The biggest story over the next few years may be the declining overall importance of the console systems. Last year Sony’s biggest selling game system was the portable PSP. Meanwhile, the Nintendo DS blew out all records for game system hardware unit sales (portable or console) in a single year. From a pure revenue perspective, the biggest system for software sales in 2007 was the PC, if you include revenue generated from online services. Like we said, 2007 blew away sales records on all fronts. Right now it looks like 2008 will be even better.
DFC Intelligence is proud to announce that we will be media sponsors for the Casual Connect Conference to be held in Seattle July 23-25. For more information go to http://seattle.casualconnect.org. We look forward to seeing you at the conference.
DFC Intelligence’s research services provide detailed strategic analysis of the interactive entertainment industry.
A sample of reports on the video game and PC game market include:
DFC Dossier The DFC Dossier is published ten times a year and provides subscribers with regular updates and analysis of the latest market trends. If you would like to see a copy of the latest DFC Dossier contact Ozzie Monge at email@example.com.
The Online Game Market This 800 page report contains a comprehensive analysis of the online gaming market. Includes current sales trends, market forecast, and in-depth company profiles.
The Market for Portable Video Games This 185 contains complete five-year forecasts by platform, a look at portable game software, portable game online trends, and business models and revenue expectations for game publishers.
Worldwide Market Forecasts for the Video Game and Interactive Entertainment Industry Complete five-year forecasts for all individual console and portable game platforms by region (Asia, Europe, North America, rest of world)) through 2012. Also included are PC game forecasts and historical sales figures. The report has several scenarios for future market growth including an analysis and forecasts for new systems from Sony, Microsoft and Nintendo, as well as portable game systems.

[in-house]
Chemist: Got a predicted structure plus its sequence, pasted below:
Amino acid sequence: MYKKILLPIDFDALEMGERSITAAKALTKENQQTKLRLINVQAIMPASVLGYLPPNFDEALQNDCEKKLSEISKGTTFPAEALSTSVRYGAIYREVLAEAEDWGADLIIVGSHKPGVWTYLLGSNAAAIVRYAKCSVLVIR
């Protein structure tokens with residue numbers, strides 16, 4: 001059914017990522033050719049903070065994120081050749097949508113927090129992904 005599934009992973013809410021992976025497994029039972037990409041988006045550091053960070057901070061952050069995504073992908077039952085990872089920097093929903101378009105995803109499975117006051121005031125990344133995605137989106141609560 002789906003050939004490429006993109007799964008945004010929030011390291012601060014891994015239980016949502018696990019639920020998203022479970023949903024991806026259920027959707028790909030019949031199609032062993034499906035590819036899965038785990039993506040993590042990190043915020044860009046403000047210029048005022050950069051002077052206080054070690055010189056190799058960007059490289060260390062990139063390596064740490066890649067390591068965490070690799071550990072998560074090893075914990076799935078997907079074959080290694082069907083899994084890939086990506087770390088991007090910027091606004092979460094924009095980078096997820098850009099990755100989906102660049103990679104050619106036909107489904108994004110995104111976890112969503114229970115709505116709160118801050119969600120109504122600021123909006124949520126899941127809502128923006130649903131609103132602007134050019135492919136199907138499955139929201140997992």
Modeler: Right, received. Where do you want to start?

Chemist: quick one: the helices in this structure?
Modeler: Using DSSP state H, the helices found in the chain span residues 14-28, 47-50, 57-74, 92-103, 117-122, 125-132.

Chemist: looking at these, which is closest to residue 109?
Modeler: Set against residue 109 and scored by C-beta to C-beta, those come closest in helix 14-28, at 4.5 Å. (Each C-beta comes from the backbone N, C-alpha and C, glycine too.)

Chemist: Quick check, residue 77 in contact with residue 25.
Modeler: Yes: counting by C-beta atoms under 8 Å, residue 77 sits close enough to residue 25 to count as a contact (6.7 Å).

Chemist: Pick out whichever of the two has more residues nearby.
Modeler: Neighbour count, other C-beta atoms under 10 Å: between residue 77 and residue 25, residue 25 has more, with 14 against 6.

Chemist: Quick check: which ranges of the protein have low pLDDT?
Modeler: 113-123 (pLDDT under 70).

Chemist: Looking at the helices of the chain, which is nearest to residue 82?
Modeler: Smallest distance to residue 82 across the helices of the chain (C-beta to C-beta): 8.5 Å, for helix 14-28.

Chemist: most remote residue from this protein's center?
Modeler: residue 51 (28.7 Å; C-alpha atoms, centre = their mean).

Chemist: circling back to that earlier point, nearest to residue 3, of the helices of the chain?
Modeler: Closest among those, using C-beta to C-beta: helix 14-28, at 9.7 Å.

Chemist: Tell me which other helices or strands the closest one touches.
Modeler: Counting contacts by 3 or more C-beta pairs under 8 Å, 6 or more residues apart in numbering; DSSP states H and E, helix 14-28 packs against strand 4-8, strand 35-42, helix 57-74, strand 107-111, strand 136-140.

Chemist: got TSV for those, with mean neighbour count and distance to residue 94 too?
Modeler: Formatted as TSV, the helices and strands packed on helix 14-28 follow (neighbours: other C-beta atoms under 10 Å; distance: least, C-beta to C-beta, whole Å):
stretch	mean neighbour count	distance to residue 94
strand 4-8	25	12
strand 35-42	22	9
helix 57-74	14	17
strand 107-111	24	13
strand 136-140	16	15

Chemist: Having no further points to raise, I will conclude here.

The Business of Computer and Video Games This report includes an historical analysis, overview of individual hardware system, top-selling games, game genres, consumer demographics, business models, retailer profiles, marketing elements and case studies, industry trends.
Market Leaders in the Video Game and Interactive Entertainment Industry This 750+ page report profiles major companies in the interactive entertainment industry. Each individual company report is about 25-50 pages and has an historical background, financial overview, product analysis and a frank assessment of the outlook for that company.
Overview of the Video Game and Interactive Entertainment Industry This report is designed to provide an overview of some of the key trends in the video game and interactive entertainment. The focus is on highlights from the forecasts and analysis of trends, game genres and business issues found in DFC reports.
The Game Market in China This 350 page report contains a complete look at the rapidly growing Chinese game market, including forecasts to 2010, government regulations, market entry strategies, business models, distribution options, game genres and numerous company profiles and case studies.